Mother-son team of artists explore ghosts and death

A page from Binbir Niyet (One Thousand and One Fortunes) written by Mehmed Gayur printed in Amedi Printing House, 1928.| Photo courtesy of Dilara and Derya Akay

When Derya and Dilara Akay found out they could work together on an art project that has personal significance to them, they jumped on the opportunity.

“We live on different continents and with this project we wanted to spend time together and learn from each other in the light of collaborating as artist aside from being mother and son,” they said.

Since 2005, Derya has lived in Vancouver to study at Emily Carr University of Art and Design. Dilara lives in Turkey and sometimes visits Vancouver to spend time with her son. Both artists have been pursuing their careers separately: Derya in Vancouver, and Dilara in Istanbul. They have never worked together as collaborators until now.

Their exhibit, Ghost Spring, will be shown in Vancouver from Jan. 6 to Feb. 17, mainly at the Grunt Gallery.

“We think that ghosts are political and they haunt for a reason – to claim something from the future,” say the Akays.

Death and the family

This two-person show explores funeral practices within their own family in Turkey, which are passed down from one generation to the next. The exhibit focuses on the many rituals around death – especially on food that is presented to, and eaten for, the dead. The works in the gallery include garlands, flowers, texts and drawings as offerings to their ancestors.

“The installation is meant to evoke a shrine and celebrate the rituals we do for the dead and for the living. The activations will take their genesis from family rituals around death and burial reinterpreted for the exhibition,” say the Akays.

Through recognizing the wounds created by violence, the Akays observe that only some lives are considered grievable. Part research based, part event based, part installation based, they are creating a space for grieving, eulogies, wakes, mourning, goodbyes, vigils, laments, wailings and the cries of voices often suppressed.

“We will create a place to pray and events to eat and play. We will find ways to deal with ghosts, griefs of many geographies and generations and recreate ways to coexist. With this research and exhibition we would like to find new matrilineal narratives by analyzing our own ‘ghosts,’ nature, behaviour and culture in comparison to different geographies, cultures, experiences and expectations,” they say.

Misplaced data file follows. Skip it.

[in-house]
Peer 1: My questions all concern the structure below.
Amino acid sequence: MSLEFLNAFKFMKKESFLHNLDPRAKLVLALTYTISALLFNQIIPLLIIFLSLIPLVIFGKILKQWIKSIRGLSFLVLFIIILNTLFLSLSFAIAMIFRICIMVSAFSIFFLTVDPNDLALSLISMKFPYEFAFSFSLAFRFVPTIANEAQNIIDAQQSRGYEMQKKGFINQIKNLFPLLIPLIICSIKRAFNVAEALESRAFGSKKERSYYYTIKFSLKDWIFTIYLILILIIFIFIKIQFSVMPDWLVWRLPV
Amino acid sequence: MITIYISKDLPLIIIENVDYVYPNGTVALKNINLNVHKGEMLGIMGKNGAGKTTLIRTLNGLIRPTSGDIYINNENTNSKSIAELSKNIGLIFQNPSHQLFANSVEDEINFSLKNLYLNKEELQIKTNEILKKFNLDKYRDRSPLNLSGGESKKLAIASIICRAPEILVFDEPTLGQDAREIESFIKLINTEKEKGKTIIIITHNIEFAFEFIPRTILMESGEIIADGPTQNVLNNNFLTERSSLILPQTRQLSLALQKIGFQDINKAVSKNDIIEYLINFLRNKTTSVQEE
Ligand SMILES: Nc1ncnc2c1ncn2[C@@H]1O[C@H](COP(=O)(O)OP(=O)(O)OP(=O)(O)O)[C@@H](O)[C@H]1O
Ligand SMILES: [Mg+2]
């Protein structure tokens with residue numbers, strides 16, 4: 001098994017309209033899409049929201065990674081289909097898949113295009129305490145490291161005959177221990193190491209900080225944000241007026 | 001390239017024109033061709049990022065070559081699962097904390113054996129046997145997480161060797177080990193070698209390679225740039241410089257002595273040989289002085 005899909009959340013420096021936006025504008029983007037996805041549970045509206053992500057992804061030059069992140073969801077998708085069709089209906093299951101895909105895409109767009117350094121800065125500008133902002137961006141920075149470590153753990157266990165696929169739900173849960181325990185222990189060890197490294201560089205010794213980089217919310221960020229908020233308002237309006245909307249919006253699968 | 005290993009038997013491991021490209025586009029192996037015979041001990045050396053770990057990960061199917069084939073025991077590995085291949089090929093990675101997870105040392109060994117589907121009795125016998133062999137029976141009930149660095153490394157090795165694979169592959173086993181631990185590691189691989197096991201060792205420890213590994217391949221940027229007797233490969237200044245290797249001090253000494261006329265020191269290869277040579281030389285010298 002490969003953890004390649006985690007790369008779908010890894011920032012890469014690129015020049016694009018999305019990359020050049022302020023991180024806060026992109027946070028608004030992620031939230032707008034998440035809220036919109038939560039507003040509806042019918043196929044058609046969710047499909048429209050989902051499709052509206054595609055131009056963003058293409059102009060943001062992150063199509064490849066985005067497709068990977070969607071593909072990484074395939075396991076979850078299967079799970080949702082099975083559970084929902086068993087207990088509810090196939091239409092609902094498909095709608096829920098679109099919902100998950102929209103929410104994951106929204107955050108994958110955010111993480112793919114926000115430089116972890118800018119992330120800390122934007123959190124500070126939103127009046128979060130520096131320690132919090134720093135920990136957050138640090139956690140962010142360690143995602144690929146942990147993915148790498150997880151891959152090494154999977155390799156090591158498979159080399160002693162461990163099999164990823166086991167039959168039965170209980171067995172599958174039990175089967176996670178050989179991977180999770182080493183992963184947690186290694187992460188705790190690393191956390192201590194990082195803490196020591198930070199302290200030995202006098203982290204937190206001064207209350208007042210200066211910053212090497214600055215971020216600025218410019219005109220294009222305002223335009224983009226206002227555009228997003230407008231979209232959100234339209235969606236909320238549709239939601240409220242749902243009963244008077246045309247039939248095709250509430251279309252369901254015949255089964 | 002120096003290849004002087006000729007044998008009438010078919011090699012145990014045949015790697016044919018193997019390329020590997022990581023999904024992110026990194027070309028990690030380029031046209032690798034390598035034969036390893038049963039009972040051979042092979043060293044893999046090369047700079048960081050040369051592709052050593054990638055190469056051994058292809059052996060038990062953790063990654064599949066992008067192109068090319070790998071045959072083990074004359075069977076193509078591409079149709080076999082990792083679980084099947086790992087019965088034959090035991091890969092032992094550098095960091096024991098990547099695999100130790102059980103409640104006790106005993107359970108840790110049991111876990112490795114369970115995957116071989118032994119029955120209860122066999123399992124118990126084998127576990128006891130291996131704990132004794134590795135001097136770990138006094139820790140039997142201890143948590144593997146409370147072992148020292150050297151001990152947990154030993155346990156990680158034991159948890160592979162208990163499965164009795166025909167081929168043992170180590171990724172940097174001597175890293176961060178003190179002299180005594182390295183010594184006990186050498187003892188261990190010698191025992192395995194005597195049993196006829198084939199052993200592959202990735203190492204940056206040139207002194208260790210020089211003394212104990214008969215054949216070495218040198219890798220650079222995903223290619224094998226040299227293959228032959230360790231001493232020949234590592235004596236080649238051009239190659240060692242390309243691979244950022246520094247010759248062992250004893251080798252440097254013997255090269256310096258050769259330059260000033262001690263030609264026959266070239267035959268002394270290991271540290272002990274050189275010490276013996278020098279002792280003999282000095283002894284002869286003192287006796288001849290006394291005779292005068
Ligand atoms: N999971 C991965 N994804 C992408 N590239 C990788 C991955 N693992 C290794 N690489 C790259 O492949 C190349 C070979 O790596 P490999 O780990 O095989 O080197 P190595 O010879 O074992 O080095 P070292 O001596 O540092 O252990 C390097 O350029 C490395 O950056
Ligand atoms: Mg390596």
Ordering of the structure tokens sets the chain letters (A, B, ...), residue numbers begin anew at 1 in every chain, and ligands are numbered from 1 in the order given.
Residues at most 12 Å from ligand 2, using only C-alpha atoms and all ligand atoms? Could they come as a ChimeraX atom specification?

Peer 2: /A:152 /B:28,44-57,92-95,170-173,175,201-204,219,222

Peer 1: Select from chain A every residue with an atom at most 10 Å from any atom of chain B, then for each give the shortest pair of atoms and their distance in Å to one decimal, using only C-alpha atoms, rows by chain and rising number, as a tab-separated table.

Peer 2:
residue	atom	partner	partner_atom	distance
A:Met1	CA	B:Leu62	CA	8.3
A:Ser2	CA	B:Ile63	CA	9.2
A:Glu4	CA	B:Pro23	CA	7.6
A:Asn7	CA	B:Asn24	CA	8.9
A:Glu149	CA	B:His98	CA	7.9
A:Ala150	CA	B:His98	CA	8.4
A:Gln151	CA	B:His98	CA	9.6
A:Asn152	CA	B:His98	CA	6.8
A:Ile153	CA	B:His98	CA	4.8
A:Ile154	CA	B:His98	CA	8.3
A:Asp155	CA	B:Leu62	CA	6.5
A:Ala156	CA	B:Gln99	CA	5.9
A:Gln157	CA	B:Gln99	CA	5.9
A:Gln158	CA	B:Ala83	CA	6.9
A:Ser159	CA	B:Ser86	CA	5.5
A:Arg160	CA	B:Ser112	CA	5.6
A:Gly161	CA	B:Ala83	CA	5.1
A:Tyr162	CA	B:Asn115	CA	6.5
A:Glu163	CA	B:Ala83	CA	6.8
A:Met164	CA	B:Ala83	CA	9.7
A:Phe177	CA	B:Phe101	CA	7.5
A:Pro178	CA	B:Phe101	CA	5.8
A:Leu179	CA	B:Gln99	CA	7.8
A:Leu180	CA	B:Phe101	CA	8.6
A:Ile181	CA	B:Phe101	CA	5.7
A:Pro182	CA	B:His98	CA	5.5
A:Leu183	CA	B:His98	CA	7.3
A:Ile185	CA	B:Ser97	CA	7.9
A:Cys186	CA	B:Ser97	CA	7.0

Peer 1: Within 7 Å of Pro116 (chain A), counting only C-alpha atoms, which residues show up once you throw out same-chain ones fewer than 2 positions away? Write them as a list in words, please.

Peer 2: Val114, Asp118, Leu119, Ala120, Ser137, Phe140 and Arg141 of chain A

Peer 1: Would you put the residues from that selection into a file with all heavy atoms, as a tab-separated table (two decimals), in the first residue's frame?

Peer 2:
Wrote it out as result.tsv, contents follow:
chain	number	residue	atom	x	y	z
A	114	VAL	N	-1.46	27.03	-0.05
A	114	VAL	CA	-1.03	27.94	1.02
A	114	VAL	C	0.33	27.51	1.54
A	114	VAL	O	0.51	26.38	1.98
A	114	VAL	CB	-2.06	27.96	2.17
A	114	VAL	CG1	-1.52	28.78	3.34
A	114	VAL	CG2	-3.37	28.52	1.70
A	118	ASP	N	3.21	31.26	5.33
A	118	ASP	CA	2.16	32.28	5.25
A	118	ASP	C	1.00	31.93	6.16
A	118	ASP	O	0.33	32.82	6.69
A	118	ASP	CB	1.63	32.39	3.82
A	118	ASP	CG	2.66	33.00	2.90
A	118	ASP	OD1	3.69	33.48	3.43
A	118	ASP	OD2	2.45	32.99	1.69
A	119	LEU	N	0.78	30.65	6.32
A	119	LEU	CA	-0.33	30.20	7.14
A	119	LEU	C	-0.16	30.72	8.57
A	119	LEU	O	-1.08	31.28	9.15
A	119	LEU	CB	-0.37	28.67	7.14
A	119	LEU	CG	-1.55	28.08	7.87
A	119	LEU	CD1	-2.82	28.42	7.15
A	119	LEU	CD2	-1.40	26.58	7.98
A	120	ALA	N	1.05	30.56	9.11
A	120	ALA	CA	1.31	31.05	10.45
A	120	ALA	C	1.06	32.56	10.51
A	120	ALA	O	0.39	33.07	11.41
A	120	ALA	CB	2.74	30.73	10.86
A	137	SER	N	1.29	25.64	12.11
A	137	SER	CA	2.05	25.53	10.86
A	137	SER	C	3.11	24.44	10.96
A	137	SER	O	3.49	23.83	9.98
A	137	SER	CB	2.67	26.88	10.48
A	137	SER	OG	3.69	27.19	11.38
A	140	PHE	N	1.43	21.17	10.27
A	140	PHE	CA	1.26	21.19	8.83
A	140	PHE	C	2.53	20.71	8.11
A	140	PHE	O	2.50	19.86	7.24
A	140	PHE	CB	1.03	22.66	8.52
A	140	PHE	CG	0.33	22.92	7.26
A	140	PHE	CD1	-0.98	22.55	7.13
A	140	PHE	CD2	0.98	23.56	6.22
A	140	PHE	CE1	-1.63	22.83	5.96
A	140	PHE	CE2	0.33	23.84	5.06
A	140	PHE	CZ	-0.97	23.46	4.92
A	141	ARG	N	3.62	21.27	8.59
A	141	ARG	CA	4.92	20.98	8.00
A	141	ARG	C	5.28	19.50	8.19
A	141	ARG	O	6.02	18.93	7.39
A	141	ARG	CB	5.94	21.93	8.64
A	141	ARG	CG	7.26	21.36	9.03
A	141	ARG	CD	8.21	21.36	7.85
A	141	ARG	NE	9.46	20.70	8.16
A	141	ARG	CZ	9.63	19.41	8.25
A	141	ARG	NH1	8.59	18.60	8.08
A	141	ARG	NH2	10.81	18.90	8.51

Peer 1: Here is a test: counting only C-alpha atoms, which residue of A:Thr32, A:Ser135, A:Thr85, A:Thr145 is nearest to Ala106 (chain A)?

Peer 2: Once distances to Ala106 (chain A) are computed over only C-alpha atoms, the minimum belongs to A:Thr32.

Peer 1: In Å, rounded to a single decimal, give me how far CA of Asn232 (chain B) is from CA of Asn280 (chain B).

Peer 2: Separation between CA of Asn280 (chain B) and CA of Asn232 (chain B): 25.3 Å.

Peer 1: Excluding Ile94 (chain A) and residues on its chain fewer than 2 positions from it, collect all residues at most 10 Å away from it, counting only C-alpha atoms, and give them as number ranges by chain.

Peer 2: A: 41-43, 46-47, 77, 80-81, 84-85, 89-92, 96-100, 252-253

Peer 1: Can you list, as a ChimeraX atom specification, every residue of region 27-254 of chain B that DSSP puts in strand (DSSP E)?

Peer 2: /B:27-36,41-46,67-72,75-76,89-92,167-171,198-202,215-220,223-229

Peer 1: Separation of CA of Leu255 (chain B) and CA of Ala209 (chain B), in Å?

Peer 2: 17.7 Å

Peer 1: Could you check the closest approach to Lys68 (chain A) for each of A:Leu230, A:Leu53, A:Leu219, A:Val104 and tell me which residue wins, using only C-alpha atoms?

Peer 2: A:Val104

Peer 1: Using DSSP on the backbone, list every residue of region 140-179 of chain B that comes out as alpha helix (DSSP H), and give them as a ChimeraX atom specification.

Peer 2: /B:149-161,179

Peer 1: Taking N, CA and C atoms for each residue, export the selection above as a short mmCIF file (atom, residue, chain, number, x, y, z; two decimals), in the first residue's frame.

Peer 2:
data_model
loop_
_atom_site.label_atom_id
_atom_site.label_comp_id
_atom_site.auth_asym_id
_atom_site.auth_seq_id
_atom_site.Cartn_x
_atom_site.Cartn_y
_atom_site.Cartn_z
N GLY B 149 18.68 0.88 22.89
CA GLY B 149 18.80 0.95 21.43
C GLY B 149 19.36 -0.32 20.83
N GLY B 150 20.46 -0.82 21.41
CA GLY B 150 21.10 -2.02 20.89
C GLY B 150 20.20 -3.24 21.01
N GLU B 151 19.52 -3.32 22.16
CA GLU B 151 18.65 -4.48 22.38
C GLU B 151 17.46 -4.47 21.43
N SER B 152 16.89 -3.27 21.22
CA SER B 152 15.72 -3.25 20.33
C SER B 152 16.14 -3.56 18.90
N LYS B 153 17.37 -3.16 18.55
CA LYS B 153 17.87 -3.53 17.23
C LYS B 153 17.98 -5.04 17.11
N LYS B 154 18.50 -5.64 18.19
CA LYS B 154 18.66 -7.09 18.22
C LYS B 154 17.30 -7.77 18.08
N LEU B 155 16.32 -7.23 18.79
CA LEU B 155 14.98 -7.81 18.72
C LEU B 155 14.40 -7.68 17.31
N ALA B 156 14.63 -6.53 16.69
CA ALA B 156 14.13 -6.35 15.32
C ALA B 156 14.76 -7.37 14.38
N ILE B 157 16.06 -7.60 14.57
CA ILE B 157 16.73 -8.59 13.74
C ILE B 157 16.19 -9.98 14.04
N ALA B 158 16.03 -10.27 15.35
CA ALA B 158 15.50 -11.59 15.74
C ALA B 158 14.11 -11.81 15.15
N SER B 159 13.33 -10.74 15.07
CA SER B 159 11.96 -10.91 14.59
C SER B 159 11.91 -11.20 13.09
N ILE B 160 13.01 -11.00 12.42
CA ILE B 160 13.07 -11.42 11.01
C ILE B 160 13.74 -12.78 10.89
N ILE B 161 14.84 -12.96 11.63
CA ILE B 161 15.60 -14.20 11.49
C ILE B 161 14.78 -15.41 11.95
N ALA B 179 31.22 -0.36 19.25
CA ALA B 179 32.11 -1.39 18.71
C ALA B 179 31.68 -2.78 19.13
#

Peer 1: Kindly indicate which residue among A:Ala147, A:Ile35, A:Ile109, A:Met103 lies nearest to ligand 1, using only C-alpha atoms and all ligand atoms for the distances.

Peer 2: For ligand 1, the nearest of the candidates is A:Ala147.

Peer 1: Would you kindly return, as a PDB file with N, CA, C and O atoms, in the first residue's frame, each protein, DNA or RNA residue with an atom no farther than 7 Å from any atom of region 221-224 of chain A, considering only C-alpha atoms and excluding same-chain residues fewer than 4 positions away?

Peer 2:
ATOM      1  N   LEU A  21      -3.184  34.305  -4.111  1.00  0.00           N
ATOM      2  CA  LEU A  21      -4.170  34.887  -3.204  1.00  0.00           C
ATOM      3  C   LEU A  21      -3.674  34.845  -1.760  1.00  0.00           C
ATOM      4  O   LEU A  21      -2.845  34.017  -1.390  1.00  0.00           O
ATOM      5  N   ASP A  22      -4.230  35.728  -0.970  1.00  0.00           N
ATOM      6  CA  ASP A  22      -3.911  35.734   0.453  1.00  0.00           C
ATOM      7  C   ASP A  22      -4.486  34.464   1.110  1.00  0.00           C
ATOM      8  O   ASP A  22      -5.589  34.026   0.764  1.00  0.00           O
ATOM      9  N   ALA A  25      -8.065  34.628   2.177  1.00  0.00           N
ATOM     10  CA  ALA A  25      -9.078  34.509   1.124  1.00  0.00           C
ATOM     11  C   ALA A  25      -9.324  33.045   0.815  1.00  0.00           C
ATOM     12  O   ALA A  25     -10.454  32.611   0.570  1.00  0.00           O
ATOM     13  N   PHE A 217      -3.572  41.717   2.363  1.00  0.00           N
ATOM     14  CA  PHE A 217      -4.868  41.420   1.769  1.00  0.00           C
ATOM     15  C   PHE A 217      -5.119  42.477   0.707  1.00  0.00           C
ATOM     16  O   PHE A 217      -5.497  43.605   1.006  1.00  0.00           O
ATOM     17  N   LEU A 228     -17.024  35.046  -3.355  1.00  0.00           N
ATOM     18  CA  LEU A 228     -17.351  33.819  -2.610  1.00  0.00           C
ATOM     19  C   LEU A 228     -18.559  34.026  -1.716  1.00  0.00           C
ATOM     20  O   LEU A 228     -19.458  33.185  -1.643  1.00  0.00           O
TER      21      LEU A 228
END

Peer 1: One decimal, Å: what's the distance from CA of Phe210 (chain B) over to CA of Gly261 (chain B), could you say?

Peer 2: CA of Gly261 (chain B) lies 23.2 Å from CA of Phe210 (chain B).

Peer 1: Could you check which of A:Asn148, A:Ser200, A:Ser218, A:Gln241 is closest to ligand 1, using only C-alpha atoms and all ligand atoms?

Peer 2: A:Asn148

They want their work to allow them and others to re-experience a visit, a meeting or a get together with ancestors and loved ones who have passed or with people whom they have never met.

“We will try to remember and will try to commemorate in act and in physicality. We want to recreate instances and feelings of graveyards and funerals and try to answer and fulfill the needs of the ghosts and come to a point where they rest in peace,” say the Akays.

The Akays want to honour victims of Armenian Genocide, victims of the Beslan School Massacre, missing people of Saturday Mothers (Cumartesi Anneleri), missing and murdered Indigenous women and girls and Two-Spirit People, victims of residential schools, children of La Llorona, Kurdish guerrillas, Turkish soldiers, missing and murdered people of displacement due to ongoing wars, Ajlan Kurdi, Ahraz, Taybet Ana, Hatun Ana, Mutlu Dede, Sev Sevil Aşık Davut Dede.

Another feature will be a publication translating a book of fortunes passed down from Derya’s paternal great grandmother to his mother, Dilara. Titled Binbir Niyet (One Thousand and One Fortunes) and written by Mehmed Gayur in 1928 in Ottoman script. The translation of this text into modern Turkish and then to English is prepared for the exhibition.

“The book was originally published in the period between the Ottoman Empire and the birth of the Republic of Turkey gives it an important significance in time and it being kept as a family relic without being understood for many years suggests significance of interest in fortune telling and information received from other lives or underground,” say the Akays.


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